A further embodiment of the invention is characterized, in that the sample rate converter further comprises at least one combination which includes a further partial filter, a further delay element, further combining means, a further equalization filter and a further rest filter, in that the input of the further partial filter is coupled to the input of the sample rate converter, in that the output of the further partial filter is coupled to a first of an additional pair of inputs of the summing transforming means and coupled, by way of the further delay element, to a first input of the further combining means, in that the output of the summing transforming means is coupled to the second input of the further combining means by way of the further equalization filter, and in that the output of the further combining means is coupled to the second of the additional pair of inputs of the summing transforming means by way of the further rest filter.

In this embodiment a plurality of equivalent sections is added to the sample rate converter. This is advantageous in that a system filter may be obtained having a steeper filter curve. This is often necessary for sufficiently suppressing noise in the input signal, for example, noise coming from aforementioned sigma-delta modulator.

A further embodiment of the invention is characterized, in that the partial filter comprises in addition to first Table means a serial-to-parallel converter for converting q serial input samples to q parallel output samples, in that the input of the partial filter is coupled to the input of the serial-to-parallel converter, in that the q outputs of the serial-to-parallel converter are coupled to q inputs of the first Table means and in that an output of the Table means is coupled to the output of the partial filter.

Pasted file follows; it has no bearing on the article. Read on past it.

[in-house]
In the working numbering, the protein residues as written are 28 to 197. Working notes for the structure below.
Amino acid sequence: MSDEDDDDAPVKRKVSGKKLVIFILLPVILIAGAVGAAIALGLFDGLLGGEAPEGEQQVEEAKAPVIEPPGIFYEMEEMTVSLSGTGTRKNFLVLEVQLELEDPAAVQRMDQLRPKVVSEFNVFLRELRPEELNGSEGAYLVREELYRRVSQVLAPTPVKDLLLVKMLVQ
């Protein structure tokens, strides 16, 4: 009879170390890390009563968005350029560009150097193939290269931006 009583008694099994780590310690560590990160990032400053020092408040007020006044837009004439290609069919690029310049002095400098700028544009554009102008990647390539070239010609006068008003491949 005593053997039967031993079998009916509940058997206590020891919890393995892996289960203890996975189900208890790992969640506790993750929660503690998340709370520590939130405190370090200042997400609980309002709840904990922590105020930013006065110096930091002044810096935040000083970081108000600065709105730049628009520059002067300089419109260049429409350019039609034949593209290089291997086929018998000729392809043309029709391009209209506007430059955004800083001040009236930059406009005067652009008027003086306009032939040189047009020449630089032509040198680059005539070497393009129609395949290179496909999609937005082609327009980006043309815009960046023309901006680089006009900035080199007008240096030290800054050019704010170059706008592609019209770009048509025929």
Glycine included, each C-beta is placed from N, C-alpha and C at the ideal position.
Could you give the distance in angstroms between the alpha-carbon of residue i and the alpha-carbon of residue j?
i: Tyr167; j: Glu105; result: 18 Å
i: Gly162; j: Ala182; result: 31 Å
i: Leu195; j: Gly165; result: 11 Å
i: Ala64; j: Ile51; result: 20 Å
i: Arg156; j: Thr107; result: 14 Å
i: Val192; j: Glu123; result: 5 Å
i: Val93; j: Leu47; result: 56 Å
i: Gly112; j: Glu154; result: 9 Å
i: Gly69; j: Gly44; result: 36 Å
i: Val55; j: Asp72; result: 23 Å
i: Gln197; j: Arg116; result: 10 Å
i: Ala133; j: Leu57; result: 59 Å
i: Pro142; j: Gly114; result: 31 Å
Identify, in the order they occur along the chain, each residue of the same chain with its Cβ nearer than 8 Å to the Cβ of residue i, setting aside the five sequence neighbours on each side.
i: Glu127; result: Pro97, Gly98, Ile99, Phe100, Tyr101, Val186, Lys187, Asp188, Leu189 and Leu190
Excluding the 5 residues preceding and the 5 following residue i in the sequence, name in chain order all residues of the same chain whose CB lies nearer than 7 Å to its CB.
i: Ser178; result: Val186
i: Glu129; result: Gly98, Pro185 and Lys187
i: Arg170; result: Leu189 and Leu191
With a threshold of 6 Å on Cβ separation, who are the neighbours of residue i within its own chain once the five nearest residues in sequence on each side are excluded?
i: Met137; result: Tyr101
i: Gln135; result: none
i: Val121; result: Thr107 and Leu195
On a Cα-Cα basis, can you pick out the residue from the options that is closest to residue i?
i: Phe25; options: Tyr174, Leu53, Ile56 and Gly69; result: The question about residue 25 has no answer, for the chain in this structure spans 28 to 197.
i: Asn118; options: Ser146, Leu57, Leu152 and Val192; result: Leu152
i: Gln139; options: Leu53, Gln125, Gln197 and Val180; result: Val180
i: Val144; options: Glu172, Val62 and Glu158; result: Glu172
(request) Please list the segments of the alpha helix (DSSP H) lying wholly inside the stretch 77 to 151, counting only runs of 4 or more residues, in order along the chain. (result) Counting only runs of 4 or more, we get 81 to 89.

These measures provide a simple embodiment for the partial filter while only the serial-to-parallel converter operates at a high frequency.

A further embodiment of the invention is characterized, in that the impulse response of the combination formed by the partial filter and the rest filter and also the impulse response of the combination formed by the equalization filter and the rest filter comprises at least an exponential function.

An exponential function is a function that can be implemented in a simple manner and has the property of h(t1 +t2)=g(t1)h(t2) for t1, t2 ≧0.

A further embodiment of the invention is characterized, in that the ratio of two successive samples of the impulse response is a power of two.

As a result of this choice, multiplications necessary for determining the weighted sums may be replaced by much simpler shift operations which leads to a further reduction of the complexity of the sample rate converter.

A preferred embodiment of the invention is characterized, in that the combination of the partial filter and the rest filter comprises at least two imaginary zeros.

Since zeros are situated on the imaginary axis, zeros are developed in the frequency characteristic of the filter, so that the suppression of out-of-baseband signals is enhanced without a more complex circuit being necessary for this purpose.

BRIEF DESCRIPTION OF THE DRAWINGS

The invention will now be further explained with reference to the drawing Figures, in which like elements will be denoted by like reference characters, in which:

FIG. 1 shows a block diagram of a sample rate converter according to the invention;

FIGS. 2a through 2e show frequency spectrums of various signals as they may occur in a sample rate converter as shown in FIG. 1 at points a through e, respectively;

FIG. 3 shows an embodiment of the sample rate converter according to the invention;